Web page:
WHO expresses interest in new Zika test

Scientists in Singapore have developed a kit that can test for the Dengue, Chikungunya and Zika viruses all at the same time in just two hours.

The three mosquito-borne viruses cause similar symptoms such as rashes and joint pain. Symptoms for the Zika virus are generally mild and go away within a week, causing the disease to be misdiagnosed.

The kit is ready for use and only costs a few dollars to produce. Dr Masafumi Inoue, a senior research scientist at the Agency for Science, Technology & Research’s Experimental Therapeutics Centre confirmed that the World Health Organisation (WHO) has expressed interest.

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Dr Masafumi Inoue is currently compiling clinical data for the health authority before sending the kit over for testing. If the testing is successful, the WHO may use the kit to test for the viruses.

As it is extremely important to quickly distinguish between the three major mosquito-borne viruses, the kit could prove incredibly useful in ensuring patients receive the required treatment and care without delay.

All that is required from the patient is a blood or urine sample. The genetic material of the virus is then extracted to find out what the virus is. The detection process takes two hours, reducing the time by threefold if each of the viruses were to be tested for individually.

The idea to develop the kit came about six months ago when Brazil had been hit badly by a large number of Zika cases.

OTCs in Action Episode 56: Treating Zika but possibly so much more


This week, OTCs are in Action against the symptoms of the Zika virus, a rapidly spreading disease for which there are no vaccines or cures. The US Centers for Disease Control & Prevention recommend treatment with acetaminophen (paracetamol) but not aspirin or NSAIDs until dengue can be ruled out. However, there is perhaps more that OTCs can do in addition to ameliorating the minor symptoms that affect one in five people with the virus.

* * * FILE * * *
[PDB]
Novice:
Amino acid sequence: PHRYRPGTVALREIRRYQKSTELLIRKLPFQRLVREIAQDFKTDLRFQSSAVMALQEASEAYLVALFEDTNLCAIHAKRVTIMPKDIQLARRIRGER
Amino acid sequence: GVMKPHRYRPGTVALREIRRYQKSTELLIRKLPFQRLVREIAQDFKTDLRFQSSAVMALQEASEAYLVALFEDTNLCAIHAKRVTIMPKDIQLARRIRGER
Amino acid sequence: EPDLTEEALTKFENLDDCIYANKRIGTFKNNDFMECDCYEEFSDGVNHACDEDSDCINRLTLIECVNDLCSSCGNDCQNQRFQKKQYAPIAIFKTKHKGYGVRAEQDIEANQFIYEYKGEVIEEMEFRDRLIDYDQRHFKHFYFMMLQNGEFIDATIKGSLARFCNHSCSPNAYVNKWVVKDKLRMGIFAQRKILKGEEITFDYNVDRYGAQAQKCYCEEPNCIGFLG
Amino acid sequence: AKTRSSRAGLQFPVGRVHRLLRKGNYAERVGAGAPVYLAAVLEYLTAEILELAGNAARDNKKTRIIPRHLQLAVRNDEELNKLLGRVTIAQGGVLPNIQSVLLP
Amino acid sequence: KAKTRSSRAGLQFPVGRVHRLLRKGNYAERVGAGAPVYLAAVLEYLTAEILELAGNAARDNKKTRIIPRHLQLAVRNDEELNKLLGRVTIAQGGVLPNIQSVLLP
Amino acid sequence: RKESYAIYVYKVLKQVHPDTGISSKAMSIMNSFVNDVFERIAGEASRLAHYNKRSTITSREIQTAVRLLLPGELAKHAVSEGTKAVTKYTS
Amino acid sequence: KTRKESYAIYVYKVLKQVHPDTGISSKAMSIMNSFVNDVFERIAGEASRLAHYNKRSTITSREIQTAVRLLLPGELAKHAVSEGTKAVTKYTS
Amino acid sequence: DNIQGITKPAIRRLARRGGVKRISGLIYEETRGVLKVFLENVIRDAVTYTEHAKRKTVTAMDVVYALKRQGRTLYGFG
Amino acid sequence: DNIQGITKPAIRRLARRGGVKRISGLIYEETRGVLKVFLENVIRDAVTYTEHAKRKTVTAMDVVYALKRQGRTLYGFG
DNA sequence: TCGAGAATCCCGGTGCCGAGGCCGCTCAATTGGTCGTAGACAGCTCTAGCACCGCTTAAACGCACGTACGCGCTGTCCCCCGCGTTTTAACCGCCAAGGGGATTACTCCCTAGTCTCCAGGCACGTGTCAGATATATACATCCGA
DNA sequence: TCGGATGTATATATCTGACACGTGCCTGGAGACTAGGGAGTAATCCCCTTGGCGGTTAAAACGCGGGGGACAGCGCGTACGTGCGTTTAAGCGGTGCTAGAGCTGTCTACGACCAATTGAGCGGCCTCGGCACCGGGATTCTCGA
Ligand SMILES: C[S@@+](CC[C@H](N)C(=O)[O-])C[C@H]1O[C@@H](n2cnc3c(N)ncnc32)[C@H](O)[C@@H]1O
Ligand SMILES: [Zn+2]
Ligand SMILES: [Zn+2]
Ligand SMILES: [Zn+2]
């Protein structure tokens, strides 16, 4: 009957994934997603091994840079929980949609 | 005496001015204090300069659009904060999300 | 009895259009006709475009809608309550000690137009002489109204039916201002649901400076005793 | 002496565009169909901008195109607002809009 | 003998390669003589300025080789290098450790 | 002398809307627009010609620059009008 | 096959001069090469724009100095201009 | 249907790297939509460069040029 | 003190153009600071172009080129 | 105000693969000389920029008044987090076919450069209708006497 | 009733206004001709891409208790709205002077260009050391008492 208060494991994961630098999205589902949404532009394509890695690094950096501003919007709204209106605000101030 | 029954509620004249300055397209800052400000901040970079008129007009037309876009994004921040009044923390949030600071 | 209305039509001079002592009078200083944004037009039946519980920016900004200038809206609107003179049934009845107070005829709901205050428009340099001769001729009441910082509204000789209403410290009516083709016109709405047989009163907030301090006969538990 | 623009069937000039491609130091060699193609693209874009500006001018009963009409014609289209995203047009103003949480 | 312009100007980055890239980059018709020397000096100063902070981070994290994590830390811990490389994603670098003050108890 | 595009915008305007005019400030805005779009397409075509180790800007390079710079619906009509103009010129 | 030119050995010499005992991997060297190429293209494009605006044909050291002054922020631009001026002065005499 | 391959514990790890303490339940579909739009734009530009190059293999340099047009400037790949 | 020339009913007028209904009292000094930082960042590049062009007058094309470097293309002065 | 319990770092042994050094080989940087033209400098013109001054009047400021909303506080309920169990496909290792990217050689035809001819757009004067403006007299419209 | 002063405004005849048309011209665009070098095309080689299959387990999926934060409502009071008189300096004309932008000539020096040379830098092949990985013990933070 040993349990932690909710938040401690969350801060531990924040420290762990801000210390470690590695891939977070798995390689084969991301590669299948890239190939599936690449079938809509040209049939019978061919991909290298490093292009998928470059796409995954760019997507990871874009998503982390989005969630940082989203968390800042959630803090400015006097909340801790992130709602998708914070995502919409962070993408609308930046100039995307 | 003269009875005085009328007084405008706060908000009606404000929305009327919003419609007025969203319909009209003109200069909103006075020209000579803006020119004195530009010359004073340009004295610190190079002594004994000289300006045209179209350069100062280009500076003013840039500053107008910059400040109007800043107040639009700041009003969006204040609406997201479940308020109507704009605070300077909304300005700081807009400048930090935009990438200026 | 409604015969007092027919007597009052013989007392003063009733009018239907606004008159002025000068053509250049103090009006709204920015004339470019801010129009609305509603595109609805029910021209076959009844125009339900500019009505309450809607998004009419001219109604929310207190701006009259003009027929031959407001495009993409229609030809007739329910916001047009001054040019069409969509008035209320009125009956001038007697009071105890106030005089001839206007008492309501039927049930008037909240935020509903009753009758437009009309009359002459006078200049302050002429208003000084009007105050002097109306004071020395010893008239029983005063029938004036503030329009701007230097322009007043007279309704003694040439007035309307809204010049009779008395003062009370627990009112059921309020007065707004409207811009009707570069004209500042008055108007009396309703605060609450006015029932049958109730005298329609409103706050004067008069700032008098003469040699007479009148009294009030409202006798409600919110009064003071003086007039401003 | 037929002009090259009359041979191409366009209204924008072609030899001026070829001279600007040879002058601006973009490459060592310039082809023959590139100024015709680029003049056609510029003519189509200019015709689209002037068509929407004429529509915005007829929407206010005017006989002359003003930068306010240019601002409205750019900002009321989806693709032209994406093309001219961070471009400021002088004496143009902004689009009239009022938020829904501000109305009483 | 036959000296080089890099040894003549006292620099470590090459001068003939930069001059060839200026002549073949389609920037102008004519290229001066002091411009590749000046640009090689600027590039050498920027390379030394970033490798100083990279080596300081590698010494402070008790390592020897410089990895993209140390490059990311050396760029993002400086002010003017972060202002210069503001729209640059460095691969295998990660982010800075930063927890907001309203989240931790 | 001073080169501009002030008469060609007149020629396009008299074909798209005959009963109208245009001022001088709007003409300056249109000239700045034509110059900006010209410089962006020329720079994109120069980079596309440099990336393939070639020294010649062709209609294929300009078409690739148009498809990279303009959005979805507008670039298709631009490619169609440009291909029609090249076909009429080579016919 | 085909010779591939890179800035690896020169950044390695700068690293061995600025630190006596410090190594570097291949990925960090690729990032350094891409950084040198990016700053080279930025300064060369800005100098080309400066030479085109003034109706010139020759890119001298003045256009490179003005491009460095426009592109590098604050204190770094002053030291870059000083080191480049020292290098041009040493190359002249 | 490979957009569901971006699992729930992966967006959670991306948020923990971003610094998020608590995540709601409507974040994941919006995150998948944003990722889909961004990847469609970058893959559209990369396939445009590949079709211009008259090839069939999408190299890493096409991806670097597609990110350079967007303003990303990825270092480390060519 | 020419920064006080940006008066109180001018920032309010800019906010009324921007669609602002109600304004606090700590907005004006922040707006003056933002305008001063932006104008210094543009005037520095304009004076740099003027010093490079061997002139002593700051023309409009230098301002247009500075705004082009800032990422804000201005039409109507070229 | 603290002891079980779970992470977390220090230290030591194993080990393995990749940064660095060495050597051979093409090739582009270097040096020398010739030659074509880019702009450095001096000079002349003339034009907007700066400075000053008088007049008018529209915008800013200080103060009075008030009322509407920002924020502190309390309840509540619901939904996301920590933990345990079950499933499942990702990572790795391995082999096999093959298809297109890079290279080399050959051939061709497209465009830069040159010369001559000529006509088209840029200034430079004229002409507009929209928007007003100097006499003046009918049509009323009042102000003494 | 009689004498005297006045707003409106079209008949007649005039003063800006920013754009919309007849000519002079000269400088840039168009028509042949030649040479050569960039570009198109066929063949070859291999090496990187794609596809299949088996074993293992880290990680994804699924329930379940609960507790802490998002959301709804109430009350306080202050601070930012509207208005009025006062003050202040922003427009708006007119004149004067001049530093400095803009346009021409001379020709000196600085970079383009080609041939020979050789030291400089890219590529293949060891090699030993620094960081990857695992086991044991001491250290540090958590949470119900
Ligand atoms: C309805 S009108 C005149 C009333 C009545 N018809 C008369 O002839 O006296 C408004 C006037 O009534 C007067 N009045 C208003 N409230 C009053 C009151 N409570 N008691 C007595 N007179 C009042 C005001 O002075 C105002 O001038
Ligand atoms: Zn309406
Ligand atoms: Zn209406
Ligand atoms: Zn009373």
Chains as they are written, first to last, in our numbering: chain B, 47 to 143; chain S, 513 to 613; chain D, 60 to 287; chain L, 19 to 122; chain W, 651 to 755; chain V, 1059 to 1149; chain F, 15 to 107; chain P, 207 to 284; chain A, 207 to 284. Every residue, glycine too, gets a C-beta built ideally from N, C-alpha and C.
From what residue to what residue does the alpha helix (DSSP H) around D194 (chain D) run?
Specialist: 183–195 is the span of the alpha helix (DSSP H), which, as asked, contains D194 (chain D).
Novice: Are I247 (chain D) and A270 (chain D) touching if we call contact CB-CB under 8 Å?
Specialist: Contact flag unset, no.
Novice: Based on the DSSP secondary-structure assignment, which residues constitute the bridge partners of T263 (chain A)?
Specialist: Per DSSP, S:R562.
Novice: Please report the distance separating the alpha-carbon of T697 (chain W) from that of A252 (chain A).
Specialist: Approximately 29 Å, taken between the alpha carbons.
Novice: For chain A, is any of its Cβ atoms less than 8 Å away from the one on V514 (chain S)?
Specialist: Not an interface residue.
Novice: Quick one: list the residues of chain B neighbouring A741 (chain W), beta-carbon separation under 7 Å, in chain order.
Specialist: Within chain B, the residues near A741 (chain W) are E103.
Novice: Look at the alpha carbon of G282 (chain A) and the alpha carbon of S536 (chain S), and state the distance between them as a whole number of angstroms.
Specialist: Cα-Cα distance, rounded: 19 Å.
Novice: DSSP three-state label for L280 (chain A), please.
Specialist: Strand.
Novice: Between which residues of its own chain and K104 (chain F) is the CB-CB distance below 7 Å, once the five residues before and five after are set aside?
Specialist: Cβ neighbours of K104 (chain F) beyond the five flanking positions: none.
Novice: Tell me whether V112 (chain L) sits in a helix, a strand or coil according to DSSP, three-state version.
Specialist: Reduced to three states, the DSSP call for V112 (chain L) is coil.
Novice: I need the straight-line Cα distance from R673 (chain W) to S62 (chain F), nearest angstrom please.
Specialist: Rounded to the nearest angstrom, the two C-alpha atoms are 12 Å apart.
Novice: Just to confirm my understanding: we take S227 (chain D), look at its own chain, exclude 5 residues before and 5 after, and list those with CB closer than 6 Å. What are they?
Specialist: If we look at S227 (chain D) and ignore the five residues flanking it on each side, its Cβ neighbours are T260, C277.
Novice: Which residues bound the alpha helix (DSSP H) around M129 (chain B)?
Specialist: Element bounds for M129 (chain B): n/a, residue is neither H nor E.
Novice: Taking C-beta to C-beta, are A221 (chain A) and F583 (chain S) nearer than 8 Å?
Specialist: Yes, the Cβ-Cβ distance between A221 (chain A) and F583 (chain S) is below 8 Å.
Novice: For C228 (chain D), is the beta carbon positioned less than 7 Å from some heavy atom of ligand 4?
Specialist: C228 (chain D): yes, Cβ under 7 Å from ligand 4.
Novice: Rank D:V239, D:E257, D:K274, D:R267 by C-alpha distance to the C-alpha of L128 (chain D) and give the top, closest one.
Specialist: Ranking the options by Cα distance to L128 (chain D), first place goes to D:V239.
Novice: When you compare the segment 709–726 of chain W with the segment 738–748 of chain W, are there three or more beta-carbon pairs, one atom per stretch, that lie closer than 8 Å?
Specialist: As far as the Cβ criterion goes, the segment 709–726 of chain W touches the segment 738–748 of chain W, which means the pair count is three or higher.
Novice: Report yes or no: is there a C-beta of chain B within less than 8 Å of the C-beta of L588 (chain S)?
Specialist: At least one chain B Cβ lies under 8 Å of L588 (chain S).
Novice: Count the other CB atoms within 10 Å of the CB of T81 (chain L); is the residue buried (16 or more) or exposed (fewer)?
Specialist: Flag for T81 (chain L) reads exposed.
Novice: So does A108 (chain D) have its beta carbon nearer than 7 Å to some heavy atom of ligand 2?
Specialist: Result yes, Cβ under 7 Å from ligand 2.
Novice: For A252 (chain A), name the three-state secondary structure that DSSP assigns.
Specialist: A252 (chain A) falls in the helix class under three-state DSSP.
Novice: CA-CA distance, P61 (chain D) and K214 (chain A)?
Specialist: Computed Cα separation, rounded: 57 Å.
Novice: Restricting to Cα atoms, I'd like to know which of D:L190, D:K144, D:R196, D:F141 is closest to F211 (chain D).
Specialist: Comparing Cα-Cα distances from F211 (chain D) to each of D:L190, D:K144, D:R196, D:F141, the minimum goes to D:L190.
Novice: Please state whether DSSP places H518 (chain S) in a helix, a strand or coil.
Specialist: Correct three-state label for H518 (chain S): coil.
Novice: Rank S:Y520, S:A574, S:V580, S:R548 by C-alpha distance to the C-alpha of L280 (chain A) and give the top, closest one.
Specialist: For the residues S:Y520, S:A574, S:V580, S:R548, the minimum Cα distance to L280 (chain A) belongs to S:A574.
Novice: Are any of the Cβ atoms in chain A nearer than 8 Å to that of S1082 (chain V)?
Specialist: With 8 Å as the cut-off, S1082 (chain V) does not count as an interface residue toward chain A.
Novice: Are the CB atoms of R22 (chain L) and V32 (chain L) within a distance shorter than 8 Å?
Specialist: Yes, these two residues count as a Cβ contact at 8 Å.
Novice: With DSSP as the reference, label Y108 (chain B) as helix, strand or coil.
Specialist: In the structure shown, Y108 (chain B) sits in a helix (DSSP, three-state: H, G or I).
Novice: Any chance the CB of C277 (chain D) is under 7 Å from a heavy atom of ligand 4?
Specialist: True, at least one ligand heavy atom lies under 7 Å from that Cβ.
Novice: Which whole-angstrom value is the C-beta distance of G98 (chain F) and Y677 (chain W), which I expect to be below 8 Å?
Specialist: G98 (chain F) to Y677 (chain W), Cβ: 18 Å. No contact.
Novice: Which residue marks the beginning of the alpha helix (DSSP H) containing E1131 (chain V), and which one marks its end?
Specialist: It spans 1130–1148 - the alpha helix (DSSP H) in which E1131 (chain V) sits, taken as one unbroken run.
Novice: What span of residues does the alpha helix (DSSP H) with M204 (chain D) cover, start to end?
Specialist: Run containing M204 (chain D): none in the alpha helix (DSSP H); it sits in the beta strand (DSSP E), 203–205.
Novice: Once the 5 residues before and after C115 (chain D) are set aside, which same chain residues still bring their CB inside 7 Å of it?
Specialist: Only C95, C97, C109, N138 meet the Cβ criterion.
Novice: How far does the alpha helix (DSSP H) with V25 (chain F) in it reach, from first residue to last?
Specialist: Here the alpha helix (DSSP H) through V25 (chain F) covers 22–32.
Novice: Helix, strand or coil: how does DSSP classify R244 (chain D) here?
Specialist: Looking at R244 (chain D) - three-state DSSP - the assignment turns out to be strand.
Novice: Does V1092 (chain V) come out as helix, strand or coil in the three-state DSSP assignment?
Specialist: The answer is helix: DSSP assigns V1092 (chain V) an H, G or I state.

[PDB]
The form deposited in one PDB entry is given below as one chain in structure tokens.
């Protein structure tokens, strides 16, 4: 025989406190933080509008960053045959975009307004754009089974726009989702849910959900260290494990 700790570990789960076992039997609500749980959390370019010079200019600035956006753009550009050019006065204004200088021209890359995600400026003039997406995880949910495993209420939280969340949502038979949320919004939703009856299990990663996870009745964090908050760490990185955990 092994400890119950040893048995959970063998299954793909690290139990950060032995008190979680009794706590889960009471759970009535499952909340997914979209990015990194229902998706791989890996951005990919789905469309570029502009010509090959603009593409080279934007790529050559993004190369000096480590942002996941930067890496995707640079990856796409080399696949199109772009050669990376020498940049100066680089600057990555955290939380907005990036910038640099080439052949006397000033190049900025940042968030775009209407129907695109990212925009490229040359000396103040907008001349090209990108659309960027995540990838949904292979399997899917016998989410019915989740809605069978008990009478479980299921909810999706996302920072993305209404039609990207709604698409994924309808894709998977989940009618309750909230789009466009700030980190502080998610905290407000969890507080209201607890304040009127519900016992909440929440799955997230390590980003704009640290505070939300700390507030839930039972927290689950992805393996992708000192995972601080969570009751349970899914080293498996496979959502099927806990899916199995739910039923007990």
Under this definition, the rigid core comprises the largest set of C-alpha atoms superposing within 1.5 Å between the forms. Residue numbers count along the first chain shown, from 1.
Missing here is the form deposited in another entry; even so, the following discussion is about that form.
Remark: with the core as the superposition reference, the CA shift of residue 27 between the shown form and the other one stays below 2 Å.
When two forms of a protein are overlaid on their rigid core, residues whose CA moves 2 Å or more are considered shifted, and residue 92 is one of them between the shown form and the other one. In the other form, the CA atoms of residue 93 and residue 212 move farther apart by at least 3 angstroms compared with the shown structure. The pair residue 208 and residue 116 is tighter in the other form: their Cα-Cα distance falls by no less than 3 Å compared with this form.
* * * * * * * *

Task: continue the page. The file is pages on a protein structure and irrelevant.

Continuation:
The real threat of Zika is its association with a steep increase in the birth of babies with abnormally small heads and the autoimmune neurological syndrome, Guillain-Barré. As a result, health authorities in Brazil, Colombia and El Salvador have warned women to not get pregnant. The problem is, in many South American countries, there are significant cultural and economic barriers to obtaining contraception.

Amma Saloranta, communications director for Girls’ Globe, blogged for The Huffington Post: “Releasing reliable and factual information about the Zika virus is absolutely crucial for pregnant women to be able to take necessary precautions to minimise their risk of getting infected, but providing that information is only a tiny part of the efforts that need to be undertaken to protect women and their babies from the disease. Without the tools — sexual education, family planning services and contraceptives — telling women to “delay pregnancy” is, in all honesty, total hypocrisy. It’s like telling a person standing in the rain to “not get wet” and not give them an umbrella — despite the fact that you’re holding the umbrella in your hand.”

Perhaps OTCs can be in action to help open the umbrella of safe & effective OTC contraceptive options in South America.